A Towson program tamping down disruptive college parties in residential neighborhoods could soon be expanded to the rest of Baltimore County.
Councilman David Marks, who represents Towson, wants to empower law enforcement to slap civil fines up to $1,000 on hosts of repeated unruly gatherings and their landlords as a way to reduce noise and prevent substance abuse.
The expansion would codify a pilot program, dubbed the social host ordinance, after it was launched in 2016 to address years of tension between permanent residents and Towson University students over loud parties. The ordinance currently covers only areas within the county police department’s Towson precinct and around the University of Maryland, Baltimore County.
The council voted to continue the pilot program in 2018 with a 2022 sunset provision. The proposed bill would expand the program’s boundaries to cover the rest of the county and make it permanent. Marks proposed the initial program and the current bill to extend it.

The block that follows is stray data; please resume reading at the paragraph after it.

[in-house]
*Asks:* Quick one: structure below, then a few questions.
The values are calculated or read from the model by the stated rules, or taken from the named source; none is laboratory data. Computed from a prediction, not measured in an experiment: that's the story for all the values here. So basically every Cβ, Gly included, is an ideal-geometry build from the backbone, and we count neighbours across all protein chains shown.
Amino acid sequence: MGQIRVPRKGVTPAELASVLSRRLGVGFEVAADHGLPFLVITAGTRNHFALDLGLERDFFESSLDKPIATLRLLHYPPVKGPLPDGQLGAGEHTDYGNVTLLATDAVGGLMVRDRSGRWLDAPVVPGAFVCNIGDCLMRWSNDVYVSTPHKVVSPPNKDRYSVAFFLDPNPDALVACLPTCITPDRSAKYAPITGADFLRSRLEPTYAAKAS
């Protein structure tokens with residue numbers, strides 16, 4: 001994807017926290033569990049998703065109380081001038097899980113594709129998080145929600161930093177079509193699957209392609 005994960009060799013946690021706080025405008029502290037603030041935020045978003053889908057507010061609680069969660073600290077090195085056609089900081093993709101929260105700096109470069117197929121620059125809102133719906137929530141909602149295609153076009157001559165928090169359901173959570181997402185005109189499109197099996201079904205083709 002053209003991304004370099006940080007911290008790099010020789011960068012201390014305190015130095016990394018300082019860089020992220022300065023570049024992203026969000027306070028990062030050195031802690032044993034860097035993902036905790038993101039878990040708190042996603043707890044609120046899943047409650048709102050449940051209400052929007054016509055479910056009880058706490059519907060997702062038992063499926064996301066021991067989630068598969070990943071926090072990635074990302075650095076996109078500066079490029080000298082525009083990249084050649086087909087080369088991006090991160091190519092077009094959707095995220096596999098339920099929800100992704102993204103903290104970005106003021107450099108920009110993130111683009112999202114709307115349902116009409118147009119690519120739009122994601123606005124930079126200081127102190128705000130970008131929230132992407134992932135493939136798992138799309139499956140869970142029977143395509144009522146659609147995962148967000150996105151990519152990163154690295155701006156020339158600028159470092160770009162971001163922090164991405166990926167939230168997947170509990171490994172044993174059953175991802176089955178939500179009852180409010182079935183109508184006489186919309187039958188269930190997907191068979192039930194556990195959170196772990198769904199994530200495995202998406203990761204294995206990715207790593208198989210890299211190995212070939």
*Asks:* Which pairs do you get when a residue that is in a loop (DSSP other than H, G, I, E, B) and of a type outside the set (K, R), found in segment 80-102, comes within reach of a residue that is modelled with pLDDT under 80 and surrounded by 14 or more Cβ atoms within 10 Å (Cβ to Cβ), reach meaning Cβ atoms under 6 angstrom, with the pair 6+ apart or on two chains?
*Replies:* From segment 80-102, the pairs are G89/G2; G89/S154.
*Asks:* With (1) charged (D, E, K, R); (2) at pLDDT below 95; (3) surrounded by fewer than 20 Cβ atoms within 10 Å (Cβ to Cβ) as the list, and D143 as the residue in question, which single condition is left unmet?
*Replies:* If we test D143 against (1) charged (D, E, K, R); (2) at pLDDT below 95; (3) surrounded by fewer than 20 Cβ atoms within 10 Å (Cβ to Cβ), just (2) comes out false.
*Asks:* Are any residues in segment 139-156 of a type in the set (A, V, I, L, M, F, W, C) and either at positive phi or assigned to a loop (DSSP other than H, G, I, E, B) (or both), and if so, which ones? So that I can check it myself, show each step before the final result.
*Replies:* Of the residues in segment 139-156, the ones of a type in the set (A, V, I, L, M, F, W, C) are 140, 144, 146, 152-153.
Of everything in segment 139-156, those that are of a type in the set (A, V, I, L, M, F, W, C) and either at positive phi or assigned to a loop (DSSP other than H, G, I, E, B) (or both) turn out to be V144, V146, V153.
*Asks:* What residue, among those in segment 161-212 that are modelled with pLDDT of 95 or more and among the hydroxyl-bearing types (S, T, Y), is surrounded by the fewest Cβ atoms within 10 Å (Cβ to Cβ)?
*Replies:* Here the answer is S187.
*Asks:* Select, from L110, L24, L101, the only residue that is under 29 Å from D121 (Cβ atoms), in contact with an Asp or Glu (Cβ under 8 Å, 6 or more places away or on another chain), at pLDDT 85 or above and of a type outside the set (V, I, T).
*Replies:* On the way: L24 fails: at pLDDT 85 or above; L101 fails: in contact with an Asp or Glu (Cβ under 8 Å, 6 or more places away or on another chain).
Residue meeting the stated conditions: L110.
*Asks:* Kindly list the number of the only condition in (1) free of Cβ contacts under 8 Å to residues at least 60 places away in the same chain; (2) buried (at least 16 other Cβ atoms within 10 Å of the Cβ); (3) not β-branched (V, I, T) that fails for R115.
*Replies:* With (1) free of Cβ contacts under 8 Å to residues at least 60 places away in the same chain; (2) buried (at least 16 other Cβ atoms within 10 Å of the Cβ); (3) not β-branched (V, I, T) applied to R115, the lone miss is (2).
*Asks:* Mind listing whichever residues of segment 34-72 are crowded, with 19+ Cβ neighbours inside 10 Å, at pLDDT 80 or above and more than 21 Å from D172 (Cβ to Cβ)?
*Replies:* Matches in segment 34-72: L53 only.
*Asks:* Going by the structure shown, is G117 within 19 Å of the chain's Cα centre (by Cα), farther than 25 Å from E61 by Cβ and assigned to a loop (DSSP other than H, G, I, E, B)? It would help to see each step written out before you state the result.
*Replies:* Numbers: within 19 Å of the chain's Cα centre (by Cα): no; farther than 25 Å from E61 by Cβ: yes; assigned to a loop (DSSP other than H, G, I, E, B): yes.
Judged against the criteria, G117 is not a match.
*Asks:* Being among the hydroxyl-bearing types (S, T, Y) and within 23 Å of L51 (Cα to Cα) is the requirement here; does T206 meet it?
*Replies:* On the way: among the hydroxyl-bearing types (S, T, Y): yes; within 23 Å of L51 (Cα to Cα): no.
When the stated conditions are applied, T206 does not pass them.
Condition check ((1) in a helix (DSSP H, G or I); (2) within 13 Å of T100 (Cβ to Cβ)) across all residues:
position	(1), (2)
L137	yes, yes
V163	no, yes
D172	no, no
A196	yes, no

“It creates a disincentive for bad behavior to occur,” Marks said. “I don’t think the social host ordinance has been abused, but it certainly has created the expectation that people need to be respecting peace of mind.”
Party-throwing tenants and their landlords who violate the law would be on the hook should they be reported for unruly noise. On a first violation, landlords and tenants could receive a written warning or $500 civil penalty. If there’s a second violation within two years of the first offense, they’re hit with at least a $500 fine. If the issue persists, offenders may be ordered to pay $1,000 and landlords risk losing their rental license.